As a pre-schooler, I used to watch my father type with two fingers on a manual typewriter. The march of technology has been inexorable since 1980 when the PC was first invented by IBM. Now business is conducted via mobile phones, tablets and laptops, with some specialized software applications that require workstations and big display screens.
Traditionally, IT costs that were necessary to support a business were capital intensive. Irrespective of where the servers were located, whether in data center or on-premises, there were long lead times between placing an order and receiving the equipment.
Then there was the need to purchase licences for the operating systems for each server. That was another capital cost that had to be accounted for.
After that additional licences had to be purchased for anti-virus software and other specialized software needed to run the business. Some packaged software had pre-requisites, such as database management software, that could contribute significantly towards higher capital costs.
Then there were ongoing costs of applying security hotfixes, engineering quick fixes for software and major upgrades when new software was released by vendors and the outages associated with the activities.
Some businesses chose to invest in custom software development, whether in-house or by outsourcing to professional software developers, for solving specific business problems. In that case, there were separate costs associated with development, testing and deployment, not to mention the extra lead time required for that.
Now fast forward to the present. The IT industry has evolved and matured to a point where computing and storage capacity can be leased from cloud providers, subject to a reliable internet connection from your business to the cloud. New servers and/or capacity can be requisitioned or released in a matter of minutes or hours, but definitely not weeks and months! So it puts control back in your hand to handle busy or peak periods and shed excess capacity when not required.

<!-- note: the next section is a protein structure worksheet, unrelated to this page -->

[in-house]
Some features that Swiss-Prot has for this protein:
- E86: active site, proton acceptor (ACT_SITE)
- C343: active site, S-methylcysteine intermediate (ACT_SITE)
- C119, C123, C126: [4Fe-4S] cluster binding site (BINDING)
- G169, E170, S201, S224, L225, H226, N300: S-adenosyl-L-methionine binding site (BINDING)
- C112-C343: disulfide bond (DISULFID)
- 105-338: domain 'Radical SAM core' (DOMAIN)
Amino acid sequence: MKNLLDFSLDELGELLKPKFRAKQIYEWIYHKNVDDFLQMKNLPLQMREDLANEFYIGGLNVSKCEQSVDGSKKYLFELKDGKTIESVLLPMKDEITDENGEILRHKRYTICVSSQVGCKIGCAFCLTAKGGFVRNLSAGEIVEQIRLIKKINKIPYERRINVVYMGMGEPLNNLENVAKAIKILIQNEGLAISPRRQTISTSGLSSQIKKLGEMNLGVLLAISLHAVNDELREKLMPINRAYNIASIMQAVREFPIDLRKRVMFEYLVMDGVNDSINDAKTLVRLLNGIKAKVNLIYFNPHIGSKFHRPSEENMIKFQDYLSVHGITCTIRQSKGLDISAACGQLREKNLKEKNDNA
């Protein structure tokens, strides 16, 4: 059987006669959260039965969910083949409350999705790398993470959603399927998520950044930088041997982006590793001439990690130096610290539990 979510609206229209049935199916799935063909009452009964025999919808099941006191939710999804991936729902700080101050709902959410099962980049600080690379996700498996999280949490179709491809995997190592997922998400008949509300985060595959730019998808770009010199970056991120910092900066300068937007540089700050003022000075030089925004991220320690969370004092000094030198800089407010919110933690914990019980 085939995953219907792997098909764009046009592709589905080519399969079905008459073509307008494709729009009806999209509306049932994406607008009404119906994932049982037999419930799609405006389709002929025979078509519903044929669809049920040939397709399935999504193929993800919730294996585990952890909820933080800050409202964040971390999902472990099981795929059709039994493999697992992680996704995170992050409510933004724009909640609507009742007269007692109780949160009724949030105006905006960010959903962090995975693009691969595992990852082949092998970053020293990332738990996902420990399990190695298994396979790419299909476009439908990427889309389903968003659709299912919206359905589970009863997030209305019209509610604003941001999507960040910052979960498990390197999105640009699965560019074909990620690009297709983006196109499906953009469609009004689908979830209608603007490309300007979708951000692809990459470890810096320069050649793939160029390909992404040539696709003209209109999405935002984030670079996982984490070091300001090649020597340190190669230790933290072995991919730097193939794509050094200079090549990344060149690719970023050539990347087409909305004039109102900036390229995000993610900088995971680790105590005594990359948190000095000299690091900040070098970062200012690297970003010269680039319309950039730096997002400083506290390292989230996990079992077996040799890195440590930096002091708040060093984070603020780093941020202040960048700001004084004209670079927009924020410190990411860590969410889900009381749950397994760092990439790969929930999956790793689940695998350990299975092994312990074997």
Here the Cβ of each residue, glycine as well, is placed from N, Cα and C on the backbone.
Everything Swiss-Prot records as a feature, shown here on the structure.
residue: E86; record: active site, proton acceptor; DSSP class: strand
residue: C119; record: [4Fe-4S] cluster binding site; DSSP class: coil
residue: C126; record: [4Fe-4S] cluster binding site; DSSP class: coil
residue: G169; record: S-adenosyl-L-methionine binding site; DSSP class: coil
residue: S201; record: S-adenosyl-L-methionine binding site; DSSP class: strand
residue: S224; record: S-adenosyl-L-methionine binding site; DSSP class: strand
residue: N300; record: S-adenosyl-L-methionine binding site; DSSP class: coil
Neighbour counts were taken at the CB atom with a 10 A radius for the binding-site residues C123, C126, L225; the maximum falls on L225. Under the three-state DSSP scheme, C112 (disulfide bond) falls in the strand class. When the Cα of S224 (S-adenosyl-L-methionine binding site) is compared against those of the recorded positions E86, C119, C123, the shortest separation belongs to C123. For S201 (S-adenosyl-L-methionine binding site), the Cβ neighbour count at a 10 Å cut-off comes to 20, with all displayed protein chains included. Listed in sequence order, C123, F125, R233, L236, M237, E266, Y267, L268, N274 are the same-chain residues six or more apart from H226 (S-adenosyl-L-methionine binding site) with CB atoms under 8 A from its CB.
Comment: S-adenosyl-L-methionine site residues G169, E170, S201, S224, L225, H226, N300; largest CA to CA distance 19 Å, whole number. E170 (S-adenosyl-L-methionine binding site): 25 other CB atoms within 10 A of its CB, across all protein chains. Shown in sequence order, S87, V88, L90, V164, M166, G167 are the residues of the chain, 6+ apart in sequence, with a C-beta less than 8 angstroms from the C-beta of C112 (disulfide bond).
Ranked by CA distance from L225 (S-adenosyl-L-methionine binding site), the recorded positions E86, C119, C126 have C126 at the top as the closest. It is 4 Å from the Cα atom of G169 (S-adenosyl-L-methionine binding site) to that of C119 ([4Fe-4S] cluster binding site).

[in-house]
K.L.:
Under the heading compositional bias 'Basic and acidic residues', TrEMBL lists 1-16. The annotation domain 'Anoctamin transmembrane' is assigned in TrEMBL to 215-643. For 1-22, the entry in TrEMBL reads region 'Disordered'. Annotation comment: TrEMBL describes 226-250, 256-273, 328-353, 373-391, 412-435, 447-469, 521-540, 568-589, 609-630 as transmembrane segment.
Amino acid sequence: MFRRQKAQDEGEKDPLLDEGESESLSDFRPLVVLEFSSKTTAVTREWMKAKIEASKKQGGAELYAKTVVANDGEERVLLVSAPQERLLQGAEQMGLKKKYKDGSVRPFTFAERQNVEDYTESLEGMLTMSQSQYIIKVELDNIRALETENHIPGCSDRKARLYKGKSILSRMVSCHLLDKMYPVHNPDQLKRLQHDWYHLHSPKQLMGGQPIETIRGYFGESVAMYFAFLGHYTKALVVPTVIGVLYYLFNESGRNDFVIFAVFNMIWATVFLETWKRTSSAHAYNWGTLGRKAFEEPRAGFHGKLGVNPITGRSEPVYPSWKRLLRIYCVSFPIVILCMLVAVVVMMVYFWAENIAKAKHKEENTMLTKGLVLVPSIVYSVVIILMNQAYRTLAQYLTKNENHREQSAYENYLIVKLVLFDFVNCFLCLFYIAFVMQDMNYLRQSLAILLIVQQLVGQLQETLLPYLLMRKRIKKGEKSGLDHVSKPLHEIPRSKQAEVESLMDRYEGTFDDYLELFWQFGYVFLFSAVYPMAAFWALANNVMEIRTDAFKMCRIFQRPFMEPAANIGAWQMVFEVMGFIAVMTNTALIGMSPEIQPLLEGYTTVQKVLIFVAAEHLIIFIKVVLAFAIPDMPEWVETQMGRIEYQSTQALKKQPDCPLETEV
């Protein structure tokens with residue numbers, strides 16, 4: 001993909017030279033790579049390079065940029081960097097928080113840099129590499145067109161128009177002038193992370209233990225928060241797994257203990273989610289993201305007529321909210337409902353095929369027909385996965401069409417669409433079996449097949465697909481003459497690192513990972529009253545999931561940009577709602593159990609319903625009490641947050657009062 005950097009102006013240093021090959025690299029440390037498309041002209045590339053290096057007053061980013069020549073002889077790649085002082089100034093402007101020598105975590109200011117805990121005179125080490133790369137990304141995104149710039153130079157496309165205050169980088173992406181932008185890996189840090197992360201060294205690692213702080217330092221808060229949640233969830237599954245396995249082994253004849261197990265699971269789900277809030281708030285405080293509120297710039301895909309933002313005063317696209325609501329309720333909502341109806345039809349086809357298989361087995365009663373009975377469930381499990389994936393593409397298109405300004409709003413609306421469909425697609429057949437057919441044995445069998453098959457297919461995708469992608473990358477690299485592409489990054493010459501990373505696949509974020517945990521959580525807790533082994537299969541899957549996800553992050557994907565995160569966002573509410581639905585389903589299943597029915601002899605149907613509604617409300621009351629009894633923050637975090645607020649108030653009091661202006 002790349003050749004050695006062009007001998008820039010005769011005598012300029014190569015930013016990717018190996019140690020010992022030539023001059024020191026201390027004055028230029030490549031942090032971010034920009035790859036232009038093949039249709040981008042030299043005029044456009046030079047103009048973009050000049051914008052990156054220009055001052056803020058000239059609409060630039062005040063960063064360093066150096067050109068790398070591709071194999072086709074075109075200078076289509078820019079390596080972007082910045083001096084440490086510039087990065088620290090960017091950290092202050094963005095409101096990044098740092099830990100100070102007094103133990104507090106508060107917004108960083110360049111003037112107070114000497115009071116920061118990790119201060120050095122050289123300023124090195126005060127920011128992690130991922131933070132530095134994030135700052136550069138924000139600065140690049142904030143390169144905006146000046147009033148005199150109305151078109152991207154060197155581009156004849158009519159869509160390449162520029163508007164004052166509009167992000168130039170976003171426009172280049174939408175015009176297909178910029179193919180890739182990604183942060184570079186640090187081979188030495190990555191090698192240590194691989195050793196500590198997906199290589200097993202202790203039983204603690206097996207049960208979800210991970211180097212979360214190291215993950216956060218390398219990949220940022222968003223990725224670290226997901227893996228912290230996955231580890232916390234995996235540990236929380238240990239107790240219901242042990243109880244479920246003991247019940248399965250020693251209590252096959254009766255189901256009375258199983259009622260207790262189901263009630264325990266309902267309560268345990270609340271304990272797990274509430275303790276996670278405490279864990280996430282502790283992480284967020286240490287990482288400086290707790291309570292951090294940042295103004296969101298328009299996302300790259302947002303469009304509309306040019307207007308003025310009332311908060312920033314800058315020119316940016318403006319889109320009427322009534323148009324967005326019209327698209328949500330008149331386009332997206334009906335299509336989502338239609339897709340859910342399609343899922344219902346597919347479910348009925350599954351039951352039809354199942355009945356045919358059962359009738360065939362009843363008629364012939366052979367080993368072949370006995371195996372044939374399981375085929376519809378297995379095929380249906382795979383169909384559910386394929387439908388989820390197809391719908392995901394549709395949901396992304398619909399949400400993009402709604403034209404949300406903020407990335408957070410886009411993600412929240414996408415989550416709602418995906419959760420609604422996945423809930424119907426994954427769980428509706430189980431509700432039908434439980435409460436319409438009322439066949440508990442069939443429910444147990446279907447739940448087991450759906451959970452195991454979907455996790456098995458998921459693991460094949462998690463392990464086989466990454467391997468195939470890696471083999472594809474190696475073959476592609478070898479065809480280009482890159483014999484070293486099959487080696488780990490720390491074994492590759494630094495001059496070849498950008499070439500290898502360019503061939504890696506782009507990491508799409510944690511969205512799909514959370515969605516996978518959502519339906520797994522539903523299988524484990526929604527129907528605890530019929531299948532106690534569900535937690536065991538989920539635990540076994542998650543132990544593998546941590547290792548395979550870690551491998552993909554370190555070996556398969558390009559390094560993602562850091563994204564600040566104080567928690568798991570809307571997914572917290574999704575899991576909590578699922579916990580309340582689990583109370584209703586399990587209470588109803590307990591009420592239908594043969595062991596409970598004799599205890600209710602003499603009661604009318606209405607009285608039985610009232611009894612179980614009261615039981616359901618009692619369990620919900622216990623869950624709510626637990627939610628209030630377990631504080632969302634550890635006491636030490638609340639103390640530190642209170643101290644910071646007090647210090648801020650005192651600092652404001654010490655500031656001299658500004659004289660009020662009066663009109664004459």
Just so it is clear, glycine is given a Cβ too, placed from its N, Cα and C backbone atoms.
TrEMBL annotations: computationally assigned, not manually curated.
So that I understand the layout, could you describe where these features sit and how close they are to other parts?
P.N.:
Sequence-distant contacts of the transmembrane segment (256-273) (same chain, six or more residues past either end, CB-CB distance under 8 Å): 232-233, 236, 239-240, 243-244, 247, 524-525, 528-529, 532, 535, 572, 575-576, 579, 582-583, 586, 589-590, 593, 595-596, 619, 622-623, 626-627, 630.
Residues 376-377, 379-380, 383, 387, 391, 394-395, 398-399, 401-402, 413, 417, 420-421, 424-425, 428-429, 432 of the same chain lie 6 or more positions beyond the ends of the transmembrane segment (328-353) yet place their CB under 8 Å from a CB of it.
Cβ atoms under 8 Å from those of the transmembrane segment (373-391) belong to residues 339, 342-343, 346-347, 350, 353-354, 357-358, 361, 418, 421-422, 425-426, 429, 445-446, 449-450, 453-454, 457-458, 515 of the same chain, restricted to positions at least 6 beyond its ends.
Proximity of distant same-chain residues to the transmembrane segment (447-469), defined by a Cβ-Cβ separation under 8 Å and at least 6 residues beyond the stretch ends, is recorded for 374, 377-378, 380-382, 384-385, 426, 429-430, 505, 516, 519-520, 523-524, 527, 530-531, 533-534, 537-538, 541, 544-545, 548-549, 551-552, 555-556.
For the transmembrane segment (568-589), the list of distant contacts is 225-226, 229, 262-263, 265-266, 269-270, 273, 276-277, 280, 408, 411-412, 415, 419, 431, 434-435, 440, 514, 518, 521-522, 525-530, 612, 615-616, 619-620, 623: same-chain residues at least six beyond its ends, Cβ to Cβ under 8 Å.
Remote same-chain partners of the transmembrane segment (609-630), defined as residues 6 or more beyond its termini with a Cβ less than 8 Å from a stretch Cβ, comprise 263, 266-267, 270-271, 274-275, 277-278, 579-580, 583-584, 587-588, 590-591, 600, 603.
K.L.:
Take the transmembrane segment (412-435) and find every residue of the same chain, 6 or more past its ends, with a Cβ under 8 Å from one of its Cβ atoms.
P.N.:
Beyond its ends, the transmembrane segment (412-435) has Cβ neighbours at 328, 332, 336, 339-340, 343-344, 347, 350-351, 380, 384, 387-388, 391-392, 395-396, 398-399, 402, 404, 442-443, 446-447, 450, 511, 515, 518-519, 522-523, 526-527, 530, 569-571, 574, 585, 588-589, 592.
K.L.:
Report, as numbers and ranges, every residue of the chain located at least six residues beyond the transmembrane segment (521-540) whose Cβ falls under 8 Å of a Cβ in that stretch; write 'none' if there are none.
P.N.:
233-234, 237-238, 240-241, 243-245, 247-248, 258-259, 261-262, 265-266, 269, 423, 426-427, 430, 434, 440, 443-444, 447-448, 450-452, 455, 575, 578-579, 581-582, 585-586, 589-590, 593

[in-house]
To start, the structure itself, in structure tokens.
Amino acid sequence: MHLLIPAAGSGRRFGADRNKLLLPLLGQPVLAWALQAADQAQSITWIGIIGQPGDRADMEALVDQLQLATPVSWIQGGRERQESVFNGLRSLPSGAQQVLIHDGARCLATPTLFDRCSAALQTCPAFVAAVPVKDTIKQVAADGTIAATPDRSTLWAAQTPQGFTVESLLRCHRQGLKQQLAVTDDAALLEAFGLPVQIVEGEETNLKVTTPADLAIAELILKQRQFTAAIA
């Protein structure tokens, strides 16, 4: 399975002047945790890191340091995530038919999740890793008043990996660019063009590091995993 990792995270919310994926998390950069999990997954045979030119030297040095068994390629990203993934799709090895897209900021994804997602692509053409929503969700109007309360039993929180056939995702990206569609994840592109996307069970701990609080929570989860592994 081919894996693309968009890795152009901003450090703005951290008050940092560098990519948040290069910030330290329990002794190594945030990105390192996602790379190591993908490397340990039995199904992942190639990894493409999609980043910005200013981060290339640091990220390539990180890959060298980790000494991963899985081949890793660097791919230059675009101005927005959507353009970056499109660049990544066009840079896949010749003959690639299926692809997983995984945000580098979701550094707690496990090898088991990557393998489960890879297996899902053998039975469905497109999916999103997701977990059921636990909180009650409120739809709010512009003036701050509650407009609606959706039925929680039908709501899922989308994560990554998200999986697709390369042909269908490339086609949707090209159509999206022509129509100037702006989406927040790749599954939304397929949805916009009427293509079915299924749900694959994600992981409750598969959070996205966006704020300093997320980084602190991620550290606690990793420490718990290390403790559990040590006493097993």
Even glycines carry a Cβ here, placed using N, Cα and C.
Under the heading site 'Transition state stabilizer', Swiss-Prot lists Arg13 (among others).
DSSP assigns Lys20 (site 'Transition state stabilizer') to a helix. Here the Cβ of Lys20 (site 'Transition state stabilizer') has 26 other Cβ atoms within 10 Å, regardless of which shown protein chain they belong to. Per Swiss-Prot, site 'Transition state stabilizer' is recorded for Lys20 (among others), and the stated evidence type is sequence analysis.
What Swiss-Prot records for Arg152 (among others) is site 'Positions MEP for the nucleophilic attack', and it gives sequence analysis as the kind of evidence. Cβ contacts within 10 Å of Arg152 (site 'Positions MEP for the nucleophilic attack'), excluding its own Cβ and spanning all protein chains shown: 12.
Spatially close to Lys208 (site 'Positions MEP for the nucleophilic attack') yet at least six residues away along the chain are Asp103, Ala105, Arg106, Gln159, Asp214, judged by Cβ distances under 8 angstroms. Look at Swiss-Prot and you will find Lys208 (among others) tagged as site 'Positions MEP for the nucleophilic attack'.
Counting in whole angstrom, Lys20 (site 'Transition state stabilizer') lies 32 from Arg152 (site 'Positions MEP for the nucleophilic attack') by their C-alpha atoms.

Some of the issues mentioned in the previous paragraphs are now outsourced to the cloud provider, thus freeing up your business to focus on revenue generating activities.
Both cloud providers, Microsoft Azure and Amazon Web Services, have professional staff on roster 24x7x365 doing precisely that in their cloud data centers. For SaaS and PaaS options, the cloud provider takes care of deploying security hotfixes, emergency engineering bug fixes, software licencing costs and feature upgrades. In most cases this happens without incurring outages. In rare cases, there may be a brief interruption of service, when applications are “failed over”.
If high availability and business continuity are genuine concerns, they are addressed by appropriate architecture design. In an IaaS type scenario, the cloud providers make available all the plumbing for such solutions, but they do cost more in terms of leasing, as well as, licencing costs.
In accounting terms, leasing is treated as “cost of doing business” That helps to improve cash flow, in the short term, by claiming the leasing costs of cloud infrastructure as tax deductions in quarterly BAS statements.
In summary, by leveraging the cloud for your IT infrastructure, your business reaps all the benefits while outsourcing all the associated headaches to the cloud service provider. I can’t speak on behalf of others, but I love this idea for my own business.
If you would like to learn more about how to leverage the cloud to reduce costs and boost the profitability of your business, please contact Nimble Kumulus now…